Joint Hearing – Charles Sorenson summarized the ZBA’s considerations and asked the PB for its interpretation. Both boards reviewed the definitions of both ADU and Dwelling under Article XXVI, and the potential applicability of provisions in Article XXIX Accessory Dwelling Units. The applicants, in turn, argued why they don’t believe such provisions apply to their proposal.
The relevance of whether or not the Bemises use their home seasonally also was raised. Ned Hulbert proposed that the ZBA make the seasonality a condition of any approval if year-round use was a concern to board members. Mr. Jacobs raised the point that the applicants specifically request not to be considered an ADU, and the proposed design specifically omits a stove or full kitchen, but Mr. Sorenson and others noted the fact that available cooking provisions within the structure, possible with modern, portable techniques, could render it one. Mr. Sorenson added that the determination hinges on the vague definition in the ordinances and that clarification from the PB is needed.
A question about septic was raised and it was affirmed that a state-approved system was in place with adequate capacity.
The Harrisville Zoning regulations referred to throughout the hearing include:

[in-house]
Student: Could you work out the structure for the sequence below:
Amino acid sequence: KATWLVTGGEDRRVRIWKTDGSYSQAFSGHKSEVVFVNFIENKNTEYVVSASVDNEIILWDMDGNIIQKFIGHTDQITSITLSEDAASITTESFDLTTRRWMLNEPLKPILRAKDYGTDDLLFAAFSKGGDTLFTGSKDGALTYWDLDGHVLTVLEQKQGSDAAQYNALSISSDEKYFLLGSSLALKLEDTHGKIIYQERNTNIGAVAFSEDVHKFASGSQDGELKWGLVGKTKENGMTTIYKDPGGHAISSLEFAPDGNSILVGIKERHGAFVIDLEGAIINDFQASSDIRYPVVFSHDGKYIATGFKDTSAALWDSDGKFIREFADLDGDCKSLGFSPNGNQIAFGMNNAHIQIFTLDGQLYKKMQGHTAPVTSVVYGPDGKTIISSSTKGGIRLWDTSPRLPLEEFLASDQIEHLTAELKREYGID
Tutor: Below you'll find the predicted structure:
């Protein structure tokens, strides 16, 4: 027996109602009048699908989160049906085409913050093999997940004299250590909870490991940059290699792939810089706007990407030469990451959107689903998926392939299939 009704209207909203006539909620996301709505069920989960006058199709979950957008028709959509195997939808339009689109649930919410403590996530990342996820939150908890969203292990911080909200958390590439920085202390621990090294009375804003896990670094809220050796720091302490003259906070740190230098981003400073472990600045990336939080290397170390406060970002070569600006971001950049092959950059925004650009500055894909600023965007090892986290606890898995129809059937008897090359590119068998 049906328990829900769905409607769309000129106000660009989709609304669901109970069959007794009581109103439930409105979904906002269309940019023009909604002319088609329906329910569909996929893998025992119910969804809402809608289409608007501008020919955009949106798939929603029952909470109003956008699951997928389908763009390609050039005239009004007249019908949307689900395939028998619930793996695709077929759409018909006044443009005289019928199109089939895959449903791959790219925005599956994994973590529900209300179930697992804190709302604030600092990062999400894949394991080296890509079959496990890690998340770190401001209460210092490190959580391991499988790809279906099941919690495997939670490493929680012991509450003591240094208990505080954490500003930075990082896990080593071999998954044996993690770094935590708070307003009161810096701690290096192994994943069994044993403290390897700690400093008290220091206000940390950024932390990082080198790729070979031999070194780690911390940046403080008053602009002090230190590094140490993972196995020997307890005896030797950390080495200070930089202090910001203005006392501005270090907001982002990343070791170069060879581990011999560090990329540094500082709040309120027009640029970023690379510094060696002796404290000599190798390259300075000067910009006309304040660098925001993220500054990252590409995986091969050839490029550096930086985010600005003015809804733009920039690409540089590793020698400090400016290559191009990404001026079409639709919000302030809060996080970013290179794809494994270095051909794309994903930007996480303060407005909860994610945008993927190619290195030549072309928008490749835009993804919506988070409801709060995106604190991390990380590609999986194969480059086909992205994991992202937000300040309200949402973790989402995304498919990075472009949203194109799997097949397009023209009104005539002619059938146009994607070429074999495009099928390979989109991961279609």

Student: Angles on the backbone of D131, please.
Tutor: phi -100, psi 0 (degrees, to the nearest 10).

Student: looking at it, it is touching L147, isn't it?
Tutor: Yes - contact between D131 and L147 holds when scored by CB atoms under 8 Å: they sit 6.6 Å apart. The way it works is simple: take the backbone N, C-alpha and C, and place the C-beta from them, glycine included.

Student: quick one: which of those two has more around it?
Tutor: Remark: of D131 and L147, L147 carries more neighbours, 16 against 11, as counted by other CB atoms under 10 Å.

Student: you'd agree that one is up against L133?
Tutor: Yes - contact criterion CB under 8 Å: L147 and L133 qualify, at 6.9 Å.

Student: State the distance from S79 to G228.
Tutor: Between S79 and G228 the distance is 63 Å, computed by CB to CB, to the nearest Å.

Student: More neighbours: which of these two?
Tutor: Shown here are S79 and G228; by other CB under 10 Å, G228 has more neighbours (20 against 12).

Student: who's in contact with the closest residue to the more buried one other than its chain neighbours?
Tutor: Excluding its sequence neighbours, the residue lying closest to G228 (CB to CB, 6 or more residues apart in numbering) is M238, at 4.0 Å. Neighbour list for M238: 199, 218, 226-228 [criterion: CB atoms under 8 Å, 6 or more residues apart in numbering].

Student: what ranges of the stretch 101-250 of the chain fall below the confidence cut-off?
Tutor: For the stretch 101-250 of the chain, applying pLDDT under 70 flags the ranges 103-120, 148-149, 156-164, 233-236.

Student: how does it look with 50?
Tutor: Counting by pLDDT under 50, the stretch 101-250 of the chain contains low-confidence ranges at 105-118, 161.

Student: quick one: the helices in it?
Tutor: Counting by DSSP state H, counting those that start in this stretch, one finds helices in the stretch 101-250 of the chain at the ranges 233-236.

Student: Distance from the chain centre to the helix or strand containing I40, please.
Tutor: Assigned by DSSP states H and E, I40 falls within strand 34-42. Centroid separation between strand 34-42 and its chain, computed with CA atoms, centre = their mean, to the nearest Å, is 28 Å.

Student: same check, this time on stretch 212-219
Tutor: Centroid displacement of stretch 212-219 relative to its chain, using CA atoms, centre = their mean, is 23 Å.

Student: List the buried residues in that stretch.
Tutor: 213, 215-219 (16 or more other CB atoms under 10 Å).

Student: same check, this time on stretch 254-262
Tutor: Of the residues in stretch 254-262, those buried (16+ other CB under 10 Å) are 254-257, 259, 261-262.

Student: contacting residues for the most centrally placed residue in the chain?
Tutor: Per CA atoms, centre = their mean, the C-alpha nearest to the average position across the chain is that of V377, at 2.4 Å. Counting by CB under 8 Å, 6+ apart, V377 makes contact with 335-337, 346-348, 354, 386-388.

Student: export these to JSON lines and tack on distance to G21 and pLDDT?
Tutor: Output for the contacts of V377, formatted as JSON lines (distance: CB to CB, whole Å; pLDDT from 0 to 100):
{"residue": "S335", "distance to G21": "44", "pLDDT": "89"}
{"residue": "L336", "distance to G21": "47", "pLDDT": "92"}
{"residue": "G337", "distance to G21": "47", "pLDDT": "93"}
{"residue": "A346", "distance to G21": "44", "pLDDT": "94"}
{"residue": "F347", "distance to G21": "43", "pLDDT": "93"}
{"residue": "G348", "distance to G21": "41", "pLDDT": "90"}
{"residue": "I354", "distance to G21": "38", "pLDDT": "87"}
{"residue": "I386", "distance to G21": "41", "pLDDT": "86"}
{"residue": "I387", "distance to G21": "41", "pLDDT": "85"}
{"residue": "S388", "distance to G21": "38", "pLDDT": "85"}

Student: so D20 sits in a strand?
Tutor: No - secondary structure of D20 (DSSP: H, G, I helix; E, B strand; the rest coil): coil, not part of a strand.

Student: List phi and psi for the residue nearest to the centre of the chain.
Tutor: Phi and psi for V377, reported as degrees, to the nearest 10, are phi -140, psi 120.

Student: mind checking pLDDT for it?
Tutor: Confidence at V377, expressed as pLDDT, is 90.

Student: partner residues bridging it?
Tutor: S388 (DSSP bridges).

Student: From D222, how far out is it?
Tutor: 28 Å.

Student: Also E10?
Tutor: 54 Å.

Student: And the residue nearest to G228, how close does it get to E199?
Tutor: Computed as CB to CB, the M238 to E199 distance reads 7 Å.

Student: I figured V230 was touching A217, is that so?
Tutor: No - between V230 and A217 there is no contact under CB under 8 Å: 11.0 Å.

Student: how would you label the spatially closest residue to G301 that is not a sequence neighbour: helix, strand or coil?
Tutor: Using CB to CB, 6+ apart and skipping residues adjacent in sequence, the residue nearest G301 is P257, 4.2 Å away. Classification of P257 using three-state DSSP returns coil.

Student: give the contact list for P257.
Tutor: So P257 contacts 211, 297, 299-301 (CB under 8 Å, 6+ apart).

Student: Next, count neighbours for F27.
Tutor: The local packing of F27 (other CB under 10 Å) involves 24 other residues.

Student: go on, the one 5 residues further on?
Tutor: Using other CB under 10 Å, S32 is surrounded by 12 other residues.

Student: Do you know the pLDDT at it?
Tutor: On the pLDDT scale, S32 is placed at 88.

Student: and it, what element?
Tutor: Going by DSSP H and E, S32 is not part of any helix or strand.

5.3.3By special exception, a non-conforming building may be expanded in either volume or area. This expansion must be in a direction away from the non-conforming aspect of the structure…
Article XXVI Definitions – Accessory Dwelling Unit (ADU): A residential living unit that is within or attached to a single-family dwelling or located in an accessory building on the property and that provides independent living facilities for one or more persons, including provisions for sleeping, eating, cooking, and sanitation on the same parcel of land as the principal dwelling unit it accompanies.
Article XXVI Definitions – Dwelling: A building designed or used as the living quarters for one or more families. The terms “dwelling”, one-family dwelling”, “multiple-family dwelling”, “two-family dwelling”, or “dwelling group” shall not be deemed to include automobile court, rooming house, tourist home or hotel.
29.2 Accessory Dwelling Units, Purpose: In accordance with NH RSA 674:21, to expand the mix of affordable housing opportunities throughout the Town by permitting the creation of secondary dwelling residences as an accessory use to existing single family detached dwellings.
29.3.2 ADUs General Provisions: The creation of an ADU in a barn, garage or outbuilding that is detached from the primary residence may be granted by a conditional use permit from the Planning Board.